Light flashed behind her eyes as the fist hit her. She collapsed to the wet ground – the ground where her buttons waited. She reached for one. Through her tears, she saw the soldiers drop their armor to the pavement, heard them snicker, felt one push her onto her back. The stones felt cold and slimy; warm blood ran down her cheek. Hands pressed heavily on her shoulders. She turned her head to the side, away from the hot breath, away from the hungry eyes. Her fingers curled around a button. There was another one by the other soldier’s foot, but she couldn’t reach it. His boot pressed it into the mud as he approached her. The rain fell on her briefly as the soldiers exchanged places, but it washed nothing away.
“Don’t forget your pay, trollop,” the shorter one laughed as he dropped a single copper coin onto her exposed skin.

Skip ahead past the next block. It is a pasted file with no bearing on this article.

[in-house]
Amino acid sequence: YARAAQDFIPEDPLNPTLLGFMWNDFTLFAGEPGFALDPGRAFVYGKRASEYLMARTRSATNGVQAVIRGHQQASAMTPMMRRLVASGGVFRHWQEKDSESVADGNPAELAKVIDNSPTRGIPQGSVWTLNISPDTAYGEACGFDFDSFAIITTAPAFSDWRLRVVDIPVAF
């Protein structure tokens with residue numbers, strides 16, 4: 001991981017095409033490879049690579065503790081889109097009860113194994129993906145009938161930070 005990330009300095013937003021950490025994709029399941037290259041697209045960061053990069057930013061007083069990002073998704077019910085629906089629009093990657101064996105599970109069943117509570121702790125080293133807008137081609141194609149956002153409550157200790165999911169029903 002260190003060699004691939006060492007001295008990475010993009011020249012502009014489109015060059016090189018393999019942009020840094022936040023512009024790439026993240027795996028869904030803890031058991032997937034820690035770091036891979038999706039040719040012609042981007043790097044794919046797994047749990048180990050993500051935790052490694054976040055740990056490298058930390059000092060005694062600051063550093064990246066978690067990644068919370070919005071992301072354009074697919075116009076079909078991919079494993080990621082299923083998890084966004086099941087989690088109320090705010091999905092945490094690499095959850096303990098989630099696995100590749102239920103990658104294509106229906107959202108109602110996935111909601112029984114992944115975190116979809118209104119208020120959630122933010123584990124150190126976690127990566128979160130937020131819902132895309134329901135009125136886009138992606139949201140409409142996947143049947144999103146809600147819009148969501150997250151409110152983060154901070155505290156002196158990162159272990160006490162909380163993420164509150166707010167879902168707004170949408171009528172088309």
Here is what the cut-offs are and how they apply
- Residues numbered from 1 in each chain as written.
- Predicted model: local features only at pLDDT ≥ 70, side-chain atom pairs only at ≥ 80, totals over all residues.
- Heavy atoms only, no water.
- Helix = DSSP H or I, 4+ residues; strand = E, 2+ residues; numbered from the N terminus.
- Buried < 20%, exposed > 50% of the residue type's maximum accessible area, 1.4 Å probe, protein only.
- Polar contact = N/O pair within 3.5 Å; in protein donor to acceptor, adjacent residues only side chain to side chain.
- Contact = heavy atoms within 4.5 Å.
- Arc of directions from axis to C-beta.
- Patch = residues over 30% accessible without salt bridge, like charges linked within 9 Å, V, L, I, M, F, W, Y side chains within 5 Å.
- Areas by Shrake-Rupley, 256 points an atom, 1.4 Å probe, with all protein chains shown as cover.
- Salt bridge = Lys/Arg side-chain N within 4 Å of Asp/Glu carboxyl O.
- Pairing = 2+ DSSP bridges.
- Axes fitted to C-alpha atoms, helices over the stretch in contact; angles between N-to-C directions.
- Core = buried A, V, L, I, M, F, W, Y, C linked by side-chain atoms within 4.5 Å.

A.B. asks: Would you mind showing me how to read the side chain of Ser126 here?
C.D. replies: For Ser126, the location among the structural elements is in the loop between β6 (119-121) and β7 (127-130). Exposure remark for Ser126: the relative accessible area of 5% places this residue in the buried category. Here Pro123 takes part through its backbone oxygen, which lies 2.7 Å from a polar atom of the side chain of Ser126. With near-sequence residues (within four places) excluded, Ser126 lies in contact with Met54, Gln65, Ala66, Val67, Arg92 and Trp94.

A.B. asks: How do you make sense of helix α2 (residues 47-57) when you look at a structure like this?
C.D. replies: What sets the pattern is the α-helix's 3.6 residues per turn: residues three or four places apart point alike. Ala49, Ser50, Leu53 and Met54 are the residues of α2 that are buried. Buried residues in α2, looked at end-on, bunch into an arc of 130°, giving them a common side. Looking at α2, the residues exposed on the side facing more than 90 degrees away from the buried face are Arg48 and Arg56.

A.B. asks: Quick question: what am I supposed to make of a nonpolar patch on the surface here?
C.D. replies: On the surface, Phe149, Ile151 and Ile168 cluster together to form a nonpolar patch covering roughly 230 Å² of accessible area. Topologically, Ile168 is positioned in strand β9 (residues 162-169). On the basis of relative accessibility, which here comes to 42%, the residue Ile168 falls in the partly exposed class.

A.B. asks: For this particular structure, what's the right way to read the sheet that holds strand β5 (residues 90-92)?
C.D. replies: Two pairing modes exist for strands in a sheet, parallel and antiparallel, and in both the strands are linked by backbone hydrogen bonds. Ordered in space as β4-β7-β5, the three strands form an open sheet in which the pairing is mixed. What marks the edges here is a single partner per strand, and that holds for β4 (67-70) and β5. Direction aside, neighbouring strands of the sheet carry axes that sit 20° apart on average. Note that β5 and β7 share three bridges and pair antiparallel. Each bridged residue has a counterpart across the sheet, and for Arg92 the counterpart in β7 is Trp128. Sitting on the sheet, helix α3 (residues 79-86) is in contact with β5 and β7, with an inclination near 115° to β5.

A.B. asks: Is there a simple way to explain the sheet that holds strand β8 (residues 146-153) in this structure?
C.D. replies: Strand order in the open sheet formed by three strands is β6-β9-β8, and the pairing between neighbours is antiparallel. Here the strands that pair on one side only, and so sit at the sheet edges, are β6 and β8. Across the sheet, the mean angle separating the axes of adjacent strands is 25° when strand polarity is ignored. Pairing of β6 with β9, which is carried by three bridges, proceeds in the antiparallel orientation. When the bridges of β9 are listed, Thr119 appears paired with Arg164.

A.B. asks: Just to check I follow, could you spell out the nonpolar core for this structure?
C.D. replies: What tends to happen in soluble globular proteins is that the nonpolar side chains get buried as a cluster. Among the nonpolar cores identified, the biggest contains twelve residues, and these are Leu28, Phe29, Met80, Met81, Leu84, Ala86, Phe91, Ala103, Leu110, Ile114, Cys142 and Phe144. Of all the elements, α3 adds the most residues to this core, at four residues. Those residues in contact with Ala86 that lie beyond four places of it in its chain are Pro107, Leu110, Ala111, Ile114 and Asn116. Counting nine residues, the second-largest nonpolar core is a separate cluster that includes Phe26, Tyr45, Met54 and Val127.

“C’mon,” his comrade urged him, “let’s get out of this rain.”
The booted footfalls had faded away, as had the moon. “Four,” she counted quietly, “where is the fifth?” If she could just find it, just sew it back on, everything would be fine. Her fingers dug in the mud between the wet cobblestones while the cold rain fell on her back. Finally they curled around something familiar, something she sought desperately. She sobbed, alone, in the darkness. Everything was going to be fine.
Continued in Part III

El Borak is an historian by training, an IT Director by vocation, and a writer when the mood strikes him. He lives in rural Kansas with his wife of thirty years, where he works to fix the little things.